Firefighting Foam

We are investigating personal injury cases where people have been exposed to firefighting foam containing highly toxic PFAS chemicals. The product is Aqueous Film Forming Foam (AFFF), which is linked to cancer and other health risks.

What is Firefighting Foam?

Firefighting foam is used for fire suppression. Its role is to cool the fire and coat the fuel, preventing its contact with oxygen and thus achieving suppression of the combustion.

Firefighting foam contains PFAS, Per and Polyfluorinated Substances (PFAS), a group of chemicals used to make fluoropolymer coatings and products that resist heat, oil, stains, grease, and water. 

For decades, civilian airports, military bases, offshore operations, and fire departments across the US have relied on AFFF that contains PFAS to extinguish liquid fuel fires. This has led to higher amounts of PFAS chemicals being found in the water supply in these areas.

In June 2022, the US Environmental Protection Agency (EPA) concluded that there is no safe level for two specific PFAS chemicals, namely PFOA and PFOS, in drinking water. AFFF has contaminated the soil and groundwater on numerous military bases and in countless communities throughout the US.

What Are PFAS Chemicals?

PFAS chemicals, also known as per and polyfluoroalkyl substances, are a group of human-made chemicals that have been widely used in various consumer and industrial products due to their unique properties.   

Some common products that may contain PFAS include: 

  • Teflon-coated (nonstick) cookware 
  • Stain-resistant carpets and upholstery 
  • Water-resistant clothing and outdoor gear
  • Food packaging, such as pizza boxes and microwave popcorn bags 
  • Firefighting foam used at airports and military bases 

Not all products containing PFAS are labeled as such, so it can be difficult to know if they have these chemicals. 

Risks PFAS Chemicals/AFFF Poses

These chemicals are persistent in the environment and can accumulate in the human body over time. Studies have linked exposure to PFAS to a range of health effects, including cancer, thyroid disease, and developmental problems. As a result, there is growing concern about the potential risks associated with these chemicals, and efforts are underway to reduce their use and exposure.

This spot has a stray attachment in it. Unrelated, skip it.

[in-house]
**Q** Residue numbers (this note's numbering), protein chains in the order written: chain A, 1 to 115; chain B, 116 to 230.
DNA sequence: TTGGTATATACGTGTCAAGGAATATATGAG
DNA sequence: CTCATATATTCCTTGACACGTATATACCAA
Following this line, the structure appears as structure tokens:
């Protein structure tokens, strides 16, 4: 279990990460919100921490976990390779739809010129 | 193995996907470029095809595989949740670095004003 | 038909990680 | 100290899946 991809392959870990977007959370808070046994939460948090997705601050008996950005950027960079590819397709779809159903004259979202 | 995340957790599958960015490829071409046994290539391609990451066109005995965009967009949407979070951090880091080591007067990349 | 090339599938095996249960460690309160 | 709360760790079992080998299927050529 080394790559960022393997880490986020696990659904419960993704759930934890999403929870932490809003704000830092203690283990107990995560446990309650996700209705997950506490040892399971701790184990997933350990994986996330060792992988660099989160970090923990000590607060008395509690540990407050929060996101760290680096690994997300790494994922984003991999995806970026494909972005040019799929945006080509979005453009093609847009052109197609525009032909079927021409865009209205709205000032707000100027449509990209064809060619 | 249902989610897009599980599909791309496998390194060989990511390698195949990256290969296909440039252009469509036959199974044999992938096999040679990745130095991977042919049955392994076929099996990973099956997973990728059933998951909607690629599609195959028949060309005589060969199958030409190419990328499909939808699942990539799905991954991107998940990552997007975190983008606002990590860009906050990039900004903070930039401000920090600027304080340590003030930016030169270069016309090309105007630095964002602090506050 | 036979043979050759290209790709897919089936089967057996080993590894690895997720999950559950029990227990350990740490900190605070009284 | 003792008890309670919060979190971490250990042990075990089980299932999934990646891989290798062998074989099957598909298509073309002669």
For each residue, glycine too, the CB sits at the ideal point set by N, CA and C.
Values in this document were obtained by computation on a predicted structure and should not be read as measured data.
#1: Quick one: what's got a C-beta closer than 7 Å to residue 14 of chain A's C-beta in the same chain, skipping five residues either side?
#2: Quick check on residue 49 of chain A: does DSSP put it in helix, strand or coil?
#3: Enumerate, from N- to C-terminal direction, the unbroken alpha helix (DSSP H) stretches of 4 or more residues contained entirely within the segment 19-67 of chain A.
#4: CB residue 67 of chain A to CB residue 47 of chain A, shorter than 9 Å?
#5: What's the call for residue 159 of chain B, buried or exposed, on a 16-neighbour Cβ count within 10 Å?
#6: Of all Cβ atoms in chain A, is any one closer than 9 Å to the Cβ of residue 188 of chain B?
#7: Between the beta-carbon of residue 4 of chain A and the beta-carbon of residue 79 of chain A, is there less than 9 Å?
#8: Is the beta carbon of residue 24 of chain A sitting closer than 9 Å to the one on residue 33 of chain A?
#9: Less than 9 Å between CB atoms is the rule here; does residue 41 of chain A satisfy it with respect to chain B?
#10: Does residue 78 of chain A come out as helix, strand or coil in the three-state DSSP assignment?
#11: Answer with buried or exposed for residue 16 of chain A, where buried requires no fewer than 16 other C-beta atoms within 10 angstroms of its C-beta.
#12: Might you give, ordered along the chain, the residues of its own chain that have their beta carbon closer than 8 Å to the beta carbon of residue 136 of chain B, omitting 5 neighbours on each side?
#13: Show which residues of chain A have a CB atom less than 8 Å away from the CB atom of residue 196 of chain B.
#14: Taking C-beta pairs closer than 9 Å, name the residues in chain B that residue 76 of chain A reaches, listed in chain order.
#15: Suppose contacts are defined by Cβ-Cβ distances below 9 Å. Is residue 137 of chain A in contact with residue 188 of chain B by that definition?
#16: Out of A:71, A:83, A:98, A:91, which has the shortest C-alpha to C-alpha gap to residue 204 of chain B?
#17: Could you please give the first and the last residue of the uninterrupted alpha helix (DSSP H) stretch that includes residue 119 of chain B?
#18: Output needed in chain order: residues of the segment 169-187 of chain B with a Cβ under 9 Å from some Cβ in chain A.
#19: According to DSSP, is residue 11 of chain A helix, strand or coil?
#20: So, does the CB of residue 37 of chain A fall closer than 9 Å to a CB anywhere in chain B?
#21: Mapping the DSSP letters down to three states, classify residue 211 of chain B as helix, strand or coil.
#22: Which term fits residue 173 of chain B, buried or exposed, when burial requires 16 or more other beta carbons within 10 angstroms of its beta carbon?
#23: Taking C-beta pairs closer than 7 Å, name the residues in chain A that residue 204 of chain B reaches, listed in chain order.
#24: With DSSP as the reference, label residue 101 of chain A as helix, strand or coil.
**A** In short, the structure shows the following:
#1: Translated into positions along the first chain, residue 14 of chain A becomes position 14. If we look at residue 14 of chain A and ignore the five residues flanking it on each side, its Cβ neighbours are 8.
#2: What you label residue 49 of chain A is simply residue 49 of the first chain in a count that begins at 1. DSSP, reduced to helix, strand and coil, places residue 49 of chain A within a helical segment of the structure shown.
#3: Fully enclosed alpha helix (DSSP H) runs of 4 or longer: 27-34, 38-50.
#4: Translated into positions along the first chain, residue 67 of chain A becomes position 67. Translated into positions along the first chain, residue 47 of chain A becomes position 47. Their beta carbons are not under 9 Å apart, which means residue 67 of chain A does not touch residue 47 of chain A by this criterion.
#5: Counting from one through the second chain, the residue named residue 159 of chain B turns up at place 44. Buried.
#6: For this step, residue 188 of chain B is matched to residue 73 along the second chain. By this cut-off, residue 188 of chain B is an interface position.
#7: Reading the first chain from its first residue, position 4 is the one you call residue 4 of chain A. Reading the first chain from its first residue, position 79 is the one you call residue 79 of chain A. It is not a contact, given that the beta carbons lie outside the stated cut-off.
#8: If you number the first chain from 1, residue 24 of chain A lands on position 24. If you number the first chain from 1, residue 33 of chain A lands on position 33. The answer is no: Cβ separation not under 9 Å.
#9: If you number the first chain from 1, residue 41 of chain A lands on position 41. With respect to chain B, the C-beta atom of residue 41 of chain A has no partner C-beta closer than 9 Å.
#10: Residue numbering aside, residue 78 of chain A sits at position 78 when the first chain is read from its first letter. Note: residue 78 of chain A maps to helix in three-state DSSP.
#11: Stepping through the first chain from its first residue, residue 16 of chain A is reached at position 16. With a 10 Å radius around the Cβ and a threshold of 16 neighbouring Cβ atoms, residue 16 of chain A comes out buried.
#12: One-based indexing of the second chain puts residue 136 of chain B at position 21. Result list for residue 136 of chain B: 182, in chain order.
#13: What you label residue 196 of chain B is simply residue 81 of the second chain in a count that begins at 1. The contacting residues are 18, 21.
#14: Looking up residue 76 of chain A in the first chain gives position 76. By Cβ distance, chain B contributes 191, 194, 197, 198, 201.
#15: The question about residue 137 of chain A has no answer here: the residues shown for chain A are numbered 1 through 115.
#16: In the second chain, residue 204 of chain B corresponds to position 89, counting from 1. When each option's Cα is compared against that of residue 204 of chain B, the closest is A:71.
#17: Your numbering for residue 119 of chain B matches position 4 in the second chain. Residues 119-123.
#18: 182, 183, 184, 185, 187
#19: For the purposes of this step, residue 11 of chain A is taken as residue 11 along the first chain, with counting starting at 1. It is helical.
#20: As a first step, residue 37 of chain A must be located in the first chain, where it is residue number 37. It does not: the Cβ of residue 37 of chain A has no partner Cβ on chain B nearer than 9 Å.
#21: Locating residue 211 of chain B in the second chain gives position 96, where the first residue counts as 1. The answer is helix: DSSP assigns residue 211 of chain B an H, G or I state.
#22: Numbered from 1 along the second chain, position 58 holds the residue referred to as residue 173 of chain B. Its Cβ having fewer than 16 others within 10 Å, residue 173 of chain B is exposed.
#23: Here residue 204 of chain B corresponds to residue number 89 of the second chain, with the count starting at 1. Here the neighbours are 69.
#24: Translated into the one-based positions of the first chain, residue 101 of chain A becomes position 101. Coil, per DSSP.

The widespread use of PFAS chemicals has resulted in 99% of the human population having some level of PFAS in their bloodstream. Even small amounts of PFAS in the body can lead to serious health implications, such as liver damage, cancer, low birth weight and decreased fertility, among other health risks.

Why are PFAS in firefighting foam?

PFAS-containing firefighting foam, or AFFF, is highly effective in fighting the most dangerous and difficult fires, such as those caused by liquid fuels – jet fuel, gas tanks, oil tankers and offshore platforms, to name a few. Yet, after being used to put out fires, the toxic foam seeps into the ground, tainting the water used by surrounding communities and cities for drinking water. 

To ensure that the water is safe for human consumption, cities and municipalities that have high levels of PFAS chemicals need to use a more expensive method of water treatment than most local water treatment facilities. Unfortunately, many communities affected by the PFAS contamination cannot afford these upgrades. It would be unfair to transfer these costs to consumers instead of the companies that make billions of dollars from manufacturing PFAS.

Limited Steps to End the Use of AFFF

Commercial use of PFAS substances has declined in the last couple of decades. Still, the chemicals continue to be used in firefighting foam, virtually guaranteeing that humans throughout the US will continue to ingest them. Even in the earth’s most remote locations, PFAS levels in rainwater exceed the current EPA limit for drinking water.

In 2023, the US Department of Defense announced plans to stop purchasing PFAS firefighting foam. The department will phase out AFFF entirely by 2024. Several states have passed laws limiting or banning the use of PFAS in firefighting foam. 

Still, AFFF firefighting foam continues to be widely used despite the known risks. The federal government only regulates how PFAS chemicals are made, brought into the country and their disposal. It doesn’t control the chemicals’ commercial use.

Should I File a Firefighting Foam Claim?

If you or a family member suffered from AFFF firefighting foam exposure, you may have a personal injury case. Lawsuits related to PFAS chemicals and firefighting foam have been consolidated in a South Carolina federal court for multidistrict litigation (MDL). The MDL includes personal injury cases brought by people who allege their illnesses result from PFAS exposure through contaminated drinking water or occupational exposure, seeking damages for cancer and other serious health problems caused by exposure to PFAS-contaminated water.

Individual injury cases against firefighting foam manufacturers and other defendants are growing daily. If you think you may have a case, contact Beasley today for a free evaluation of your claim. Initial trials for these cases are already underway, so don’t delay.

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